Friday, October 3, 2008

Wildfire news, October 3

Corrections officer dies on Arizona fire

From the Arizona Capitol Times:
A corrections officer working with an inmate hotshot crew died Oct. 1, shortly after the crew began working to contain a fire near Lake Havasu City, according the Arizona Department of Corrections.

The officer, Douglas Falconer, 46, apparently died of natural causes, the agency said in a statement released Oct. 2. No more details were available.

"Officers and inmates alike responded immediately, and emergency medical assistance made every effort to revive Officer Falconer," according to the statement.

Falconer was assigned to the Arizona State Prison Phoenix-Globe inmate wildland fire crew. The crew is stationed at the prison in Globe. Falconer become a state corrections officer in 2004, working with the hotshot crew since July 2007.

On the field, two corrections officers and a sergeant team up to oversee each of the prison system's 15 hotshot crews. The Globe crew was working on a fire line to contain the Sacramento Fire near the California border at the time of Falconer's death.

The crew had responded to seven previous wildfires in the past two seasons, DOC officials said.

Falconer is survived by his wife. Flags at state facilities will be lowered to half-staff the day of Falconer's funeral services, which have not yet been arranged.

Our condolences to the family of Douglas Falconer.

Power company to shut off electricity to lines during extreme fire danger

The San Diego Gas and Electric Company, whose power lines are blamed for starting the 1970 Laguna fire and the 2007 Witch Creek fire, both over 100,000 acres, plans to de-energize some power lines during periods of extreme weather. From the San Diego Union-Tribune:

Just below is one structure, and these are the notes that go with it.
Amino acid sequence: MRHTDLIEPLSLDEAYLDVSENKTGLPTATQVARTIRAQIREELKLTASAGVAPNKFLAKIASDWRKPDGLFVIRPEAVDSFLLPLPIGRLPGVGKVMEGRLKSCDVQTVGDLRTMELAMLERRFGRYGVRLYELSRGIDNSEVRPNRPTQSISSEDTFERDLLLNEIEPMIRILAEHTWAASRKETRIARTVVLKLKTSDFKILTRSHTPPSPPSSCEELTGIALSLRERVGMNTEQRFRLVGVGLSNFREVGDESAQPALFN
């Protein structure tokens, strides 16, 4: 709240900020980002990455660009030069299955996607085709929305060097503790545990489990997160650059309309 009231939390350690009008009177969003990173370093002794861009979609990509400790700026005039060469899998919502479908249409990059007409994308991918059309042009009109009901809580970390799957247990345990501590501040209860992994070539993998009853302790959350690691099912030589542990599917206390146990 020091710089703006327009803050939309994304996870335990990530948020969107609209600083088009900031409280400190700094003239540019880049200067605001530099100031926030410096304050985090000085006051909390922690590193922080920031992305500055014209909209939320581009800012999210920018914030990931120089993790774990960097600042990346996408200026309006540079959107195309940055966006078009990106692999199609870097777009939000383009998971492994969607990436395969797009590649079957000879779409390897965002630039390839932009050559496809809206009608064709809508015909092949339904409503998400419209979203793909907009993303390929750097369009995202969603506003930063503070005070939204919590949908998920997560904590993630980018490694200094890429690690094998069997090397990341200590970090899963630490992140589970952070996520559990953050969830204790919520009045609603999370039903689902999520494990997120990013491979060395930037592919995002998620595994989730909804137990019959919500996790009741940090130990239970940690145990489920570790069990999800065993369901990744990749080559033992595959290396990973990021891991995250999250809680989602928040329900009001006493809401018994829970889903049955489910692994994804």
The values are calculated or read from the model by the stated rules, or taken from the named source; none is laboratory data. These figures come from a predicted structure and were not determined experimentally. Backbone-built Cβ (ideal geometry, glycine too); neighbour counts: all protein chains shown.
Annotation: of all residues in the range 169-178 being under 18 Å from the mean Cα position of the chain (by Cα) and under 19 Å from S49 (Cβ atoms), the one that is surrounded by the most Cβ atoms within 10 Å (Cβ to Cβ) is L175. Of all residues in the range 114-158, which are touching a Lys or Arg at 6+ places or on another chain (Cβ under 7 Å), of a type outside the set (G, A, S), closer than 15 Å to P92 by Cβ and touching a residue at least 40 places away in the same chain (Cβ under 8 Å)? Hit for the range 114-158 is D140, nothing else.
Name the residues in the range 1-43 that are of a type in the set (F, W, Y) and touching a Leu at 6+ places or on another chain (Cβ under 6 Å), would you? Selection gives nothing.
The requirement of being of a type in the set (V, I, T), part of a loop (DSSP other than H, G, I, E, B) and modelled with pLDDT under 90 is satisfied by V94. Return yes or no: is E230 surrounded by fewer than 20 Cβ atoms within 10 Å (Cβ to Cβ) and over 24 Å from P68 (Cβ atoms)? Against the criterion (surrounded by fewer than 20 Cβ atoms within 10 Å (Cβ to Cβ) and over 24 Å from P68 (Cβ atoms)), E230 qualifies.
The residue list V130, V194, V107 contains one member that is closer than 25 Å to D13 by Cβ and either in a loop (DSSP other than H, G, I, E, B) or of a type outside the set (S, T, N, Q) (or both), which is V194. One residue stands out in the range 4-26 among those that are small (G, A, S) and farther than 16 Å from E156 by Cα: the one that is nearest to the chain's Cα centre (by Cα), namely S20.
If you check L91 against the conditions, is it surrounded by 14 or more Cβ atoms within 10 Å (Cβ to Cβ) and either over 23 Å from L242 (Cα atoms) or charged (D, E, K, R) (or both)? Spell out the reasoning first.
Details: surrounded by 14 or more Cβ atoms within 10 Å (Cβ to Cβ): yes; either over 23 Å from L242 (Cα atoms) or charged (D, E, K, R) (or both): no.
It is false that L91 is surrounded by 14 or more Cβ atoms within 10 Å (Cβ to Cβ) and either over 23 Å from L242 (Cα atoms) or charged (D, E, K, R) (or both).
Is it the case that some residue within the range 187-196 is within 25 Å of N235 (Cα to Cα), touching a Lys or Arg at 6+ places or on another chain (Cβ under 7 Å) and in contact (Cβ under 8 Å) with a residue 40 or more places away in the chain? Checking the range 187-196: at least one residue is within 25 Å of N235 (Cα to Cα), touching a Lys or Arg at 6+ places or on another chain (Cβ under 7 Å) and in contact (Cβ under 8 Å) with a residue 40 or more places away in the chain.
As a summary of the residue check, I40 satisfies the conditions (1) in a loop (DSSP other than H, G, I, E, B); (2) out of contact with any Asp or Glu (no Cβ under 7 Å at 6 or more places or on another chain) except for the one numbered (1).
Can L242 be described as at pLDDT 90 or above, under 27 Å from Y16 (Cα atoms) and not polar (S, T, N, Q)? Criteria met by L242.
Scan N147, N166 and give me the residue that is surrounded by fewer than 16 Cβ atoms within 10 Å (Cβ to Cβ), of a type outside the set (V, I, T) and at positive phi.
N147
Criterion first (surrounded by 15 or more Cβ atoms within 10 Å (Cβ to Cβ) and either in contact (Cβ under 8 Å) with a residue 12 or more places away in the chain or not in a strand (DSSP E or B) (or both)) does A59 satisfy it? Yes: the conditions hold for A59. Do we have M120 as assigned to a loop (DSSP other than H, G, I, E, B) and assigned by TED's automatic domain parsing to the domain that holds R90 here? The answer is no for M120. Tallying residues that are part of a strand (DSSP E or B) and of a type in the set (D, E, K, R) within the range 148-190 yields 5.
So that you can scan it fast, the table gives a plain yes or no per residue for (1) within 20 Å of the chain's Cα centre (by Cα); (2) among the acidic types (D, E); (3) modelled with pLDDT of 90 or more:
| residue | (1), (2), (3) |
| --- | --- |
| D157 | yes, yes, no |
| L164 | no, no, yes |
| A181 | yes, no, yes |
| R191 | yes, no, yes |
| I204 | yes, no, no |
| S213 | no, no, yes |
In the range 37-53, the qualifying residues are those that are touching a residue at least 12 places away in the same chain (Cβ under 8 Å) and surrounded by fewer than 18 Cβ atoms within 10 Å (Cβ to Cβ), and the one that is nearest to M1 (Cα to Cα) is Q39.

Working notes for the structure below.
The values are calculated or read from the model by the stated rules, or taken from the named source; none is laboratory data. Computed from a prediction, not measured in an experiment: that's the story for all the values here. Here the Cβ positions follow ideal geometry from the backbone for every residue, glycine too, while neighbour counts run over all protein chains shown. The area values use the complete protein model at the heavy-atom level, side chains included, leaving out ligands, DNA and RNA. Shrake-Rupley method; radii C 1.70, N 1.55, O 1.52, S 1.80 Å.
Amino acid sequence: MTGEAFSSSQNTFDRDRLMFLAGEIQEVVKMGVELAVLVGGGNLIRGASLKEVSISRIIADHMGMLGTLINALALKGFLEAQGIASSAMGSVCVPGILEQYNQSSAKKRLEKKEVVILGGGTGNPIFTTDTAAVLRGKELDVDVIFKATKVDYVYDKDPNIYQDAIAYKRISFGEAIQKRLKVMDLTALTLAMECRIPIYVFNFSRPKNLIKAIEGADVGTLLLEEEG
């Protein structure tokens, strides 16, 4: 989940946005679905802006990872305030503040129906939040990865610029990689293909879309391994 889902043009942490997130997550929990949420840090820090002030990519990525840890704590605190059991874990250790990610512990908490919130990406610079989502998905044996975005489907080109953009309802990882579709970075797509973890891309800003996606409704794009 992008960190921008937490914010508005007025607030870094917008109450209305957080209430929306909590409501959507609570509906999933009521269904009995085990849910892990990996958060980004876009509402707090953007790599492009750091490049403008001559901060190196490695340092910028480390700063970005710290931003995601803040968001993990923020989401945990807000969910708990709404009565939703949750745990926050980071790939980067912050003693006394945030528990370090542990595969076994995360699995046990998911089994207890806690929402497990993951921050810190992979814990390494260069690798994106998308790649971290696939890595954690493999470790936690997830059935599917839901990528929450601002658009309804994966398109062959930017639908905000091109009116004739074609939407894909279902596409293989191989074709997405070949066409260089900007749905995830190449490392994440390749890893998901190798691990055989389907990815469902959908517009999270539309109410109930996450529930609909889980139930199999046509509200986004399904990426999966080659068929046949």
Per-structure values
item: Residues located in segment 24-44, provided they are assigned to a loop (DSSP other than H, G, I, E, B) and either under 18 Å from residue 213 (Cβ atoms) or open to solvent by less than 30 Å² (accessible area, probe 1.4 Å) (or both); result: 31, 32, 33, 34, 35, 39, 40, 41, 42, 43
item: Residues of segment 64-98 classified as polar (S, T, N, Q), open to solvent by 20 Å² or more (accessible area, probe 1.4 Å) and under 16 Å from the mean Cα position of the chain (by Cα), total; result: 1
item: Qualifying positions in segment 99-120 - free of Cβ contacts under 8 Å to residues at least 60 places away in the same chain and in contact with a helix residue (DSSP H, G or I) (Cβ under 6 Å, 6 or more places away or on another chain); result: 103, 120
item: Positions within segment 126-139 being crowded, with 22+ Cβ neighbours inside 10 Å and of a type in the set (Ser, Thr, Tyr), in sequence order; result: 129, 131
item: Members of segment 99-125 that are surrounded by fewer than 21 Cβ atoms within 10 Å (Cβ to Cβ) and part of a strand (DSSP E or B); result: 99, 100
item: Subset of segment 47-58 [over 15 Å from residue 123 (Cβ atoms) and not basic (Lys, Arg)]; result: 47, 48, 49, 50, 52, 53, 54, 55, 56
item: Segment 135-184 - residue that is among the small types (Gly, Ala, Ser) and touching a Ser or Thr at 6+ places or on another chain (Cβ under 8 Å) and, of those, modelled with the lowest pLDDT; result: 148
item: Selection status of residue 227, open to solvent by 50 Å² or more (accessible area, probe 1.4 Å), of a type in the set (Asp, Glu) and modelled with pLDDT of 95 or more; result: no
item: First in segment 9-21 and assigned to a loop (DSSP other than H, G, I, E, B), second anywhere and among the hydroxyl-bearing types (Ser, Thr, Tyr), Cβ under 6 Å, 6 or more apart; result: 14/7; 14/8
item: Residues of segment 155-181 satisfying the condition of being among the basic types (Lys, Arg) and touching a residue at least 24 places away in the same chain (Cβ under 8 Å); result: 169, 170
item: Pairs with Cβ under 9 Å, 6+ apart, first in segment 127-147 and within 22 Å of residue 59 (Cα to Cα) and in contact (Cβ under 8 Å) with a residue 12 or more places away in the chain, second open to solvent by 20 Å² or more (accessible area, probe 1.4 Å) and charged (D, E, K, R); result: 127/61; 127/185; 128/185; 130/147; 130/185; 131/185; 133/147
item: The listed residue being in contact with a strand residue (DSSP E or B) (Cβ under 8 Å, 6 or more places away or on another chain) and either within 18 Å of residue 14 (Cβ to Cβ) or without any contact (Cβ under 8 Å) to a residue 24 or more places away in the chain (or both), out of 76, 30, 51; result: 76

The proposal was outlined in a letter that the utility plans to send Friday to about 45,000 customers living in the highest fire-risk areas. The letter also outlines other steps the utility, which has 1.4 million customers, has taken to reduce the potential for wildfires.

A report released by Cal Fire in July said that arcing SDG&E lines ignited the Witch Creek, Guejito and Rice Canyon fires, three of the most devastating wildfires that raced across the county last October.

The letter said that five conditions would have to be met before power is turned off, and the utility anticipates that would happen “as infrequently as one time or less per year.” An estimated 1,000 to 10,000 customers would likely be affected at one time, and outages generally would be 12 to 72 hours, although that could be as short as several hours, the letter said.

The five conditions are:
  • The National Weather Service issues a red-flag warning indicating that conditions are highly conducive to wildfires.
  • Sustained winds are greater than 35 mph or wind gusts are greater than 55 mph.
  • Relative humidity is less than 20 percent.
  • The moisture level in “non-living” materials such as sticks, twigs and leaves is less than 6 percent as determined by the National Weather Service.
  • The moisture level in “living” plants and bushes is less than or equal to 75 percent as determined by Cal Fire and the U.S. Forest Service.
A fire already burning would not be a condition for activating the shut-down program, the utility said.

SDG&E said it would attempt to contact customers before shutting down power, but that in some cases there might not be time to do so. Customers also could be notified by the county's Office of Emergency Services reverse 9-1-1 system. Customers can register for reverse 9-1-1 system online at ReadySanDiego.org.

The utility said other steps it has taken to reduce the potential for wildfires include replacing more than 300 wood poles with steel poles; using heavier wire in some rural areas; expanding aerial inspections of transmission lines; and adding new high-resolution cameras to inspect lines.

75 years ago today, 29 firefighters were killed on the Griffith Park fire near Los Angeles.

This was the deadliest fire for wildland firefighters in American history.
The Griffith Park Fire occurred at 2:26 p.m. October 3, 1933 in Block 36, Dam Canyon in the Mineral Wells Canyon area near the old Los Angeles Zoo. A group of 3,780 men were employed clearing brush as part of the Los Angeles County welfare relief program. A small fire had started at the bottom of a slope and a number of men were ordered or volunteered to fight the fire. A sudden wind change sent a shaft of flame up the slopes of Dam Canyon killing 29 workers of thermal burns and injuring more than 150 others. Engine 56, Hose 27 along with 50 Mountain Patrolmen responded and contained the fire to 46.83 acres.
From the IAWF Wildland Fire Event Calendar

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